Our first stop was Islas del Rosario, where the majority of people went to visit the Aquarium, however Leo and I decided to go snorkelling! We found a guide to take us out for an hour, since we had limited time to get back to our boat. So there I was, in the Caribbean sea, about to go snorkelling for the first time in my life, it was so exciting and crazy fun. This was our snorkelling guide:

The first time I had the mask on my face, and put my head down in the water to see what was below, it was incredible. To see all the fish! And the coral, was stunning. I had never seen anything like it in my life. I couldnt believe I was snorkelling in the Caribbean sea of the coast of Colombia! A year ago, I would have never thought Id be doing this in Oct 2011 !! We snorkelled for about an hour, and when we finally headed back to the port, just as we were pulling in, our boat was leaving.... uh oh... Luckily, there are several tour companies that go to the islands from Cartagena, and there was a woman who went snorkelling with us, and she just told us to hop on her boat (which ended up being nicer than ours) and it would take us to Playa Blanca, where we could meet up with our original boat and get lunch. So that's exactly what we did, upon docking, we rushed to her boat, and just went with the flow while boarding. We acted casual, and just got on. They didnt even ask for our tickets... guess it was obvious that we were tourists, especially me, since Im SUPER white (finally my skin colour is paying off!!). From Islas del Rosario it took about 45 min to get to Playa Blanca, which was stunning. I couldnt believe it. The beach had pure white sand, with clear waters, palm trees, and the sun shining down on it. It looked as if we were in a postcard setting, I had never seen anything like it in my life. I couldnt stop smiling.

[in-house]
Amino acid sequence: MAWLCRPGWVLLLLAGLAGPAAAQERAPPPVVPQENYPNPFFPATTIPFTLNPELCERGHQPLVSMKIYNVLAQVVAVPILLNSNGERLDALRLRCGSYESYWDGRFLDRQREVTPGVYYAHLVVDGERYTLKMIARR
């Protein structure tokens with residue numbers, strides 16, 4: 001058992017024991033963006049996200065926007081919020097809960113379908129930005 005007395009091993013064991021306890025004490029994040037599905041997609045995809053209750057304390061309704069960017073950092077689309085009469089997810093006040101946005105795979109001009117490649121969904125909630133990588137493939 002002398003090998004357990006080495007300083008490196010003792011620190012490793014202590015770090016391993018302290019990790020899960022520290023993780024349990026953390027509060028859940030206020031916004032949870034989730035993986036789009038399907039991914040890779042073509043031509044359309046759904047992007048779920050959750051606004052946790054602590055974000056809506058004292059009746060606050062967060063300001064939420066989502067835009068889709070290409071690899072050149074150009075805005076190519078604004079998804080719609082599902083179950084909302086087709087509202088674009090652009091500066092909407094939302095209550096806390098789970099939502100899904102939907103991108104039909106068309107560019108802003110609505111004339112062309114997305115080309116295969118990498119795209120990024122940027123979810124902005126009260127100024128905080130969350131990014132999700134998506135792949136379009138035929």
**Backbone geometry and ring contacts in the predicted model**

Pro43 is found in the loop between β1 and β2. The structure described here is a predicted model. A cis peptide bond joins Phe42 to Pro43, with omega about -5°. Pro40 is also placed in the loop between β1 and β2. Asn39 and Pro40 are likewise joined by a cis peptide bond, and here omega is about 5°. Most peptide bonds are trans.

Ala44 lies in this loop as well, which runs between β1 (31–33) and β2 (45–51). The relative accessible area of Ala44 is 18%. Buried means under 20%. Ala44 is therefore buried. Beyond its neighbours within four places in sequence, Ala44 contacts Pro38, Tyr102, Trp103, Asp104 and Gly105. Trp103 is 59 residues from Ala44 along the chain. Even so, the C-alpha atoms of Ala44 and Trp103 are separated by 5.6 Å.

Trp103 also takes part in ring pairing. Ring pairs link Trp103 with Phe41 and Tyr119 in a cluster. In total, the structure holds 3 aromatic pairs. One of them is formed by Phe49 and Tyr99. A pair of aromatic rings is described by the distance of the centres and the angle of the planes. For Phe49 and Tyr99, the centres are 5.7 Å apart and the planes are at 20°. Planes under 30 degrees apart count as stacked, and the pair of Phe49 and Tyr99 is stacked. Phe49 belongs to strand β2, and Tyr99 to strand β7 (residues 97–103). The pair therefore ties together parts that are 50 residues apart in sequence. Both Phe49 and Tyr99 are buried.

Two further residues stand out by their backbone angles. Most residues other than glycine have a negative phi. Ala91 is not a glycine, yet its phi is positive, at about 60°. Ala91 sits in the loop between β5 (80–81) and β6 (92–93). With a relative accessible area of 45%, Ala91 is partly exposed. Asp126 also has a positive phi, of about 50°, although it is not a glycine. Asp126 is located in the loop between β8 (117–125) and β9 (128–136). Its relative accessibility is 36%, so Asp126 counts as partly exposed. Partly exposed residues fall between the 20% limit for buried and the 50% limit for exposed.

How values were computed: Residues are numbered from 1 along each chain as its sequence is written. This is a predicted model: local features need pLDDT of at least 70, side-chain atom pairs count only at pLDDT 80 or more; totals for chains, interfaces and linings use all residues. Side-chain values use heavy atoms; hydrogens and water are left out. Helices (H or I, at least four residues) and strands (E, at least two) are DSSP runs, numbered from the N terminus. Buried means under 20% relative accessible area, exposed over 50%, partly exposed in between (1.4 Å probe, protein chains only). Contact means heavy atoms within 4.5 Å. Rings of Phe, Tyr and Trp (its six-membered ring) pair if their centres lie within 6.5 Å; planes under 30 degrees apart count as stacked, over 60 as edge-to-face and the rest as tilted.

Once arriving on the island, we headed to the restaurant, which was outside, and had a traditional coastal dish, which consisted of fish, coconut rice, salad, patacones (plantains), and fresh limeade.